The inside story of Congressional Country Club

Bob Warters's picture
Tue, 14 Jun 2011


He revealed recently: "It was a good course you could fall asleep on. It required good shot, after good shot, after good shot without much variety.

"Now they've made it interesting but it's still a long, tough course."

Among other new features are a finishing hole on what used to be the downhill par-4 17th, where Els finally held off Colin Montgomerie with a par to the Scotsman's bogey.

What used to be anti-clmactic the par-3 18th is now the first hole on the back nine, though half the field this week - including the top three in the world rankings - will be starting on the 10th on Thursday and hoping to get their round off with a solid par.

"One thing we really worked hard on is trying to continue to make sure that the US Open is the hardest test the players see each year. Maybe we don't get it every year, but we try," said the USGA's senior Rules guru, Mike Davis. "We wanted to do that and make it fair, where good shots were rewarded and bad ones were penalised."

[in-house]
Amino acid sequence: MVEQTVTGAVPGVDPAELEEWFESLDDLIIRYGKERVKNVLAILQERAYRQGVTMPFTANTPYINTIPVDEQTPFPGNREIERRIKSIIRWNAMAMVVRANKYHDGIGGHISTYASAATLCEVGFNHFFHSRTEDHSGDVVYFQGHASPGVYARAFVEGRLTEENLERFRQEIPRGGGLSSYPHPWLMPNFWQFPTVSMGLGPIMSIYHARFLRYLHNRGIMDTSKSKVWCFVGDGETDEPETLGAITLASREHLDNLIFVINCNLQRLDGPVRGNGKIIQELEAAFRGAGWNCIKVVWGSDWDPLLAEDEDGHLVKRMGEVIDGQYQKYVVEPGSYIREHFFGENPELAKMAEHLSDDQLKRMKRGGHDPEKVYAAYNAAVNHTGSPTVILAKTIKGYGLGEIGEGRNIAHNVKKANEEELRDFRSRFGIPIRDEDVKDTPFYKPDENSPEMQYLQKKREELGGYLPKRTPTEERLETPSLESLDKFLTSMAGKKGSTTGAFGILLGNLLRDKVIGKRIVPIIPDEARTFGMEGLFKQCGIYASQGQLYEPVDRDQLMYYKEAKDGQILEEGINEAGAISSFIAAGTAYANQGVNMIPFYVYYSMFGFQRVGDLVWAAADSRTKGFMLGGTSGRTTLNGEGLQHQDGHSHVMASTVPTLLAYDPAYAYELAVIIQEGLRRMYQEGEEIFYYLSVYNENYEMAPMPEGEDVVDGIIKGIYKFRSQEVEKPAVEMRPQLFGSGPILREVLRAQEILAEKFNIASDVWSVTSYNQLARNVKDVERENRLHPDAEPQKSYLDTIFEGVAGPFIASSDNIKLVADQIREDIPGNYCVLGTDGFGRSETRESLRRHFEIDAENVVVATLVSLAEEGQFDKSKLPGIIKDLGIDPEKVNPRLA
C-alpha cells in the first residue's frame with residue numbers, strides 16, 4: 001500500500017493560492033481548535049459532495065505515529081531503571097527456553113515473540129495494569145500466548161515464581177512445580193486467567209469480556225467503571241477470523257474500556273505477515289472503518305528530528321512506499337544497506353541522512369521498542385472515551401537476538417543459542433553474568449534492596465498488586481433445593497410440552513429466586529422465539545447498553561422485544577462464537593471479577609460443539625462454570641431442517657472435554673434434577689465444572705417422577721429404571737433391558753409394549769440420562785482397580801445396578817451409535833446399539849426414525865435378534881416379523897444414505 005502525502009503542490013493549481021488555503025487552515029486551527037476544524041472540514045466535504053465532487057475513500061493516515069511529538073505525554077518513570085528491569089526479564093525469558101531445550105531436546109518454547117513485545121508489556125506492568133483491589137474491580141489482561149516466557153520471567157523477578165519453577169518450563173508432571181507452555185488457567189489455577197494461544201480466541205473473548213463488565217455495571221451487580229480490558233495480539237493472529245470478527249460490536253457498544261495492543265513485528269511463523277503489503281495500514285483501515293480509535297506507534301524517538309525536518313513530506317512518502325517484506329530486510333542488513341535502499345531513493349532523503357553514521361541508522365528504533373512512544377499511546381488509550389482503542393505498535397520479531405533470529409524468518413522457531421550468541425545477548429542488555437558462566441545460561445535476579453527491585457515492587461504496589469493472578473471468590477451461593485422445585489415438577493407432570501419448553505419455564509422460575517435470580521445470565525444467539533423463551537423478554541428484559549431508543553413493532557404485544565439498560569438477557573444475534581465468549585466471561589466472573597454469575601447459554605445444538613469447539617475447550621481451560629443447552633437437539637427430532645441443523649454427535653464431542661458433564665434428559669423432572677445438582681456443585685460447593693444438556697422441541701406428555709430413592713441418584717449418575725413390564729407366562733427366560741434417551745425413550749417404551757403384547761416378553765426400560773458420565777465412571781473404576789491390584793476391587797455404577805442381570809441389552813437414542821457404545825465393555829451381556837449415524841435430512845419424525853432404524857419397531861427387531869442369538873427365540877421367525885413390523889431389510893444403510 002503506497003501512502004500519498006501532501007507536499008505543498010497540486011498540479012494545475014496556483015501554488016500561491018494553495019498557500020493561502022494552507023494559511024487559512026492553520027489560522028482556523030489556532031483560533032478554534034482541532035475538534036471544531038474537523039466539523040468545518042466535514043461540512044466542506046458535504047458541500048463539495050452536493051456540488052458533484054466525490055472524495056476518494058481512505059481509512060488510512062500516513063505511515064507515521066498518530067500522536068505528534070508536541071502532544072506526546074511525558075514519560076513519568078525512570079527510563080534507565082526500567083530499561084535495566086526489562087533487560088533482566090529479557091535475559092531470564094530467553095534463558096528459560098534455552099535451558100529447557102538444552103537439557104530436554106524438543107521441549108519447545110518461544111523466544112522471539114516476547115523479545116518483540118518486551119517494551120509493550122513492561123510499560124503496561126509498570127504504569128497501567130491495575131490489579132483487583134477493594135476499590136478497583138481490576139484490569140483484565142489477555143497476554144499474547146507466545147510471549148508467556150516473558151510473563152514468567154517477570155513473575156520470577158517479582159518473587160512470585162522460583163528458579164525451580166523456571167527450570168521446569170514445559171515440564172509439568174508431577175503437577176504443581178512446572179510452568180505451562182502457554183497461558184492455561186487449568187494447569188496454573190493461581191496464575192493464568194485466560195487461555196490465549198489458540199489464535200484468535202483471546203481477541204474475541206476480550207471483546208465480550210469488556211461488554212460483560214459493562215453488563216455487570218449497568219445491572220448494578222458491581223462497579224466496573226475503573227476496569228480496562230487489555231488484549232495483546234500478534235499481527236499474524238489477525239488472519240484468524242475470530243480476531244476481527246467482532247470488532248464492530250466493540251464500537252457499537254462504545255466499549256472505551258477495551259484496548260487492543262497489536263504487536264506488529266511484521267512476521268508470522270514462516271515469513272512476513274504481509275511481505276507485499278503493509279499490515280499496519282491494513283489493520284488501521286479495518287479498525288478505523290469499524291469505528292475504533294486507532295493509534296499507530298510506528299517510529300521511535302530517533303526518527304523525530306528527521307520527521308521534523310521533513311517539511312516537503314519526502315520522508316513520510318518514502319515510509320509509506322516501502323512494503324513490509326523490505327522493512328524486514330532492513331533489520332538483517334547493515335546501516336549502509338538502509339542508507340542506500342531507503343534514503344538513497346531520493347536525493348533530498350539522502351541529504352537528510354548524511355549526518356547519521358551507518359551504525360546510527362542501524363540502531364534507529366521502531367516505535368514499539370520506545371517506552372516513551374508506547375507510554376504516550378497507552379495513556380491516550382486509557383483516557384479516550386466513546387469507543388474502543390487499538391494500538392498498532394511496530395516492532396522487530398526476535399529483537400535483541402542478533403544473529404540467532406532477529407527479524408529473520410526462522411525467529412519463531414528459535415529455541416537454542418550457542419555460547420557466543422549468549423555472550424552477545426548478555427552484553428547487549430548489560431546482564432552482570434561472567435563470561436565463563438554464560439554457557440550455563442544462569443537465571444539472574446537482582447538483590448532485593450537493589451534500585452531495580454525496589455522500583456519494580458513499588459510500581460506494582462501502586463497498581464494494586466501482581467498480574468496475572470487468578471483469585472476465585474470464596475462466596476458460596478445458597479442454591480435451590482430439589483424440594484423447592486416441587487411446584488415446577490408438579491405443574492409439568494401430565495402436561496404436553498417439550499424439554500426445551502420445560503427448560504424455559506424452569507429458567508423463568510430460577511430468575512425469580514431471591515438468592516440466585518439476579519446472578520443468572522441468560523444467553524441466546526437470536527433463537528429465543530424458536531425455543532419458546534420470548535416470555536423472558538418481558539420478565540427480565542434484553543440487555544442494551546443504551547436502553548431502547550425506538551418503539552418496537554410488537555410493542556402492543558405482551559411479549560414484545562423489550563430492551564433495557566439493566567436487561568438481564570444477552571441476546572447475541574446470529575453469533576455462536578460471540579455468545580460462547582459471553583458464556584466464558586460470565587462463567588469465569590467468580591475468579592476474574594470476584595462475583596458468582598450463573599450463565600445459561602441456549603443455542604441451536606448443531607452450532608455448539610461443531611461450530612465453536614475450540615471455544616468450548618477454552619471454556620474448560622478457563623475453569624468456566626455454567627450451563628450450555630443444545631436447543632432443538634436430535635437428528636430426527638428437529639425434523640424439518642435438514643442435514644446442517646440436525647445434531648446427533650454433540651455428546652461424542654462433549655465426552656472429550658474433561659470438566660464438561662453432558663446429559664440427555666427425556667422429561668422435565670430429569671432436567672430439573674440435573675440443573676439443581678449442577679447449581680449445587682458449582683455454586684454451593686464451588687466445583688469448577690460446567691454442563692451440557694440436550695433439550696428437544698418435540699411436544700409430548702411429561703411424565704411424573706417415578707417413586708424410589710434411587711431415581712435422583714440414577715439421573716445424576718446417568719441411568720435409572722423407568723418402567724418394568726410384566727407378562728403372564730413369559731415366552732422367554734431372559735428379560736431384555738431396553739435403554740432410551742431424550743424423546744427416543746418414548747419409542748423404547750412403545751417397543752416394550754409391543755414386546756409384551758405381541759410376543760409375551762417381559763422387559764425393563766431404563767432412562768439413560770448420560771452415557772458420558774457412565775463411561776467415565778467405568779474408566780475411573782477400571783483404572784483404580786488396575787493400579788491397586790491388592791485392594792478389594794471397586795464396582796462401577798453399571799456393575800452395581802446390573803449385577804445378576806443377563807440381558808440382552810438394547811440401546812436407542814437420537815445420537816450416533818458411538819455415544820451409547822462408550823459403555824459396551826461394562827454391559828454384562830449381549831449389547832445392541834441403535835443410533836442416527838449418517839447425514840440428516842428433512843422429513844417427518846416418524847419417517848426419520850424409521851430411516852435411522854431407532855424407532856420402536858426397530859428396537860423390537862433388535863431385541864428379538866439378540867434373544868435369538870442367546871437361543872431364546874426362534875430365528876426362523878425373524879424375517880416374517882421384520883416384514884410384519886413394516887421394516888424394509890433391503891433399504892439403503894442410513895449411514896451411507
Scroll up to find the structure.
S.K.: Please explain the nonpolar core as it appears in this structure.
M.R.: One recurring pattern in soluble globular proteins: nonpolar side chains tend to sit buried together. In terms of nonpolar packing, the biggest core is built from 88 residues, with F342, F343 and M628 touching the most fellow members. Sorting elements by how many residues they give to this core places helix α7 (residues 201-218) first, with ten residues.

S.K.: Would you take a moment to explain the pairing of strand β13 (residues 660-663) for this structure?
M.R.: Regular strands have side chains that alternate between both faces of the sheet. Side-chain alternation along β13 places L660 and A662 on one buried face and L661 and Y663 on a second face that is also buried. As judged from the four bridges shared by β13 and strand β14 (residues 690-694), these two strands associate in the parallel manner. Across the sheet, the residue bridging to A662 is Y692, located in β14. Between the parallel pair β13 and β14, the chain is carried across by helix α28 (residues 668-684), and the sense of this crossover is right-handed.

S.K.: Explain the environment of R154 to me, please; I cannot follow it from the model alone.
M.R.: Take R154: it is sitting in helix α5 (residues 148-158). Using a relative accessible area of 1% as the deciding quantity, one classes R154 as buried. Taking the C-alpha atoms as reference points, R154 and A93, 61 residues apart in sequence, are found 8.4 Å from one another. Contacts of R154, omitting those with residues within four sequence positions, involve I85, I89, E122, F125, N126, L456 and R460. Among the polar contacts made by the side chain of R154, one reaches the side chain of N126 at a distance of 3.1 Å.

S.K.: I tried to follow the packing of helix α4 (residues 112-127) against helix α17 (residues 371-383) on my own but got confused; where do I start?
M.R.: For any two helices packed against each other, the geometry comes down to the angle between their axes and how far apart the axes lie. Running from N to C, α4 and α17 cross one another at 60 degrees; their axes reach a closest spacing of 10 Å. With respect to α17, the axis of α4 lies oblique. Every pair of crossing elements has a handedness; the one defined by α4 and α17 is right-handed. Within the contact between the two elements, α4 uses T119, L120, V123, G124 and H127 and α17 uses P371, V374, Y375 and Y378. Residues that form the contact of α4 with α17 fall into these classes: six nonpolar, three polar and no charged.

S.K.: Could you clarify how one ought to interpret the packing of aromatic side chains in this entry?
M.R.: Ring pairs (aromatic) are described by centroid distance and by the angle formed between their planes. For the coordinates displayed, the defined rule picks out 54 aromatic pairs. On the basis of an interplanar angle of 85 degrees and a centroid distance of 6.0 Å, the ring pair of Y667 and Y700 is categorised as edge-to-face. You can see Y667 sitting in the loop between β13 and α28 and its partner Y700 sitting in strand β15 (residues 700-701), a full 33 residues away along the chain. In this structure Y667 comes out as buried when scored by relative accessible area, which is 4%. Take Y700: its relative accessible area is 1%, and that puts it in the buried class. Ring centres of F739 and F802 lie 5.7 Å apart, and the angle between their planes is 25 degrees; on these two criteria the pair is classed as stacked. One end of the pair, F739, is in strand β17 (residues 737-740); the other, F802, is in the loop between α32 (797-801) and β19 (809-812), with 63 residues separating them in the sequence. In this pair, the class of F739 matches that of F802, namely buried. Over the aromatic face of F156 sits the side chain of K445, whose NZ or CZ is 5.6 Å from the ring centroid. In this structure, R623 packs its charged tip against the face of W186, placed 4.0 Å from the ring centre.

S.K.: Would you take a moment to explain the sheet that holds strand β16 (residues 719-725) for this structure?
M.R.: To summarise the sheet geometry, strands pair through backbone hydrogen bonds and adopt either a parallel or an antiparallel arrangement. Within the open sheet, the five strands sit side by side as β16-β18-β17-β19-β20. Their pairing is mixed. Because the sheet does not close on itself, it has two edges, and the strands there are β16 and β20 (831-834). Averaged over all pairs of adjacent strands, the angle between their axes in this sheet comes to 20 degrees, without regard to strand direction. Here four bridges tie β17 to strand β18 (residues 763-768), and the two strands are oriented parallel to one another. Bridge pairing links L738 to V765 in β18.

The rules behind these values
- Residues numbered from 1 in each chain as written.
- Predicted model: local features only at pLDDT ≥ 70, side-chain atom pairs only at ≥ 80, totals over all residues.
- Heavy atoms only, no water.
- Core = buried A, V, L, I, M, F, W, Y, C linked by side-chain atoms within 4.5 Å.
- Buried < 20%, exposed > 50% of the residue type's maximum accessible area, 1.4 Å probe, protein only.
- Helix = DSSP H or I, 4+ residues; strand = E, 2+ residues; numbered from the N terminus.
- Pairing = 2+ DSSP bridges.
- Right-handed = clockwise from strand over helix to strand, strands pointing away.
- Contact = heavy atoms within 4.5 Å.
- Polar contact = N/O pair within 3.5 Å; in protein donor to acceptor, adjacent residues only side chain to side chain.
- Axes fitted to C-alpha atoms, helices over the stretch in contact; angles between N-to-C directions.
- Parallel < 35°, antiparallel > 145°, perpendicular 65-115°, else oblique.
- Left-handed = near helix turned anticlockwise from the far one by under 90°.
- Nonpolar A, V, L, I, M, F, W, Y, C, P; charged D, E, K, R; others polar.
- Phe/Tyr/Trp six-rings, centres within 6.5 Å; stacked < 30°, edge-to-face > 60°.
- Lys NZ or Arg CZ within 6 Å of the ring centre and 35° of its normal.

And with the re-laid greens and the yardages being changed for every hole on each round, Davis and Rees Jones aim to make the players think more.

"When they think more, I think they play better,” said Rees Jones.

Added one observer: "It's clear that they will be encountering something most of us mere mortals wouldn’t be able to handle - unless we opt not to keep score!"

Maybe on this occasion, Tiger Woods might be grateful that he only has his TV remote to control.



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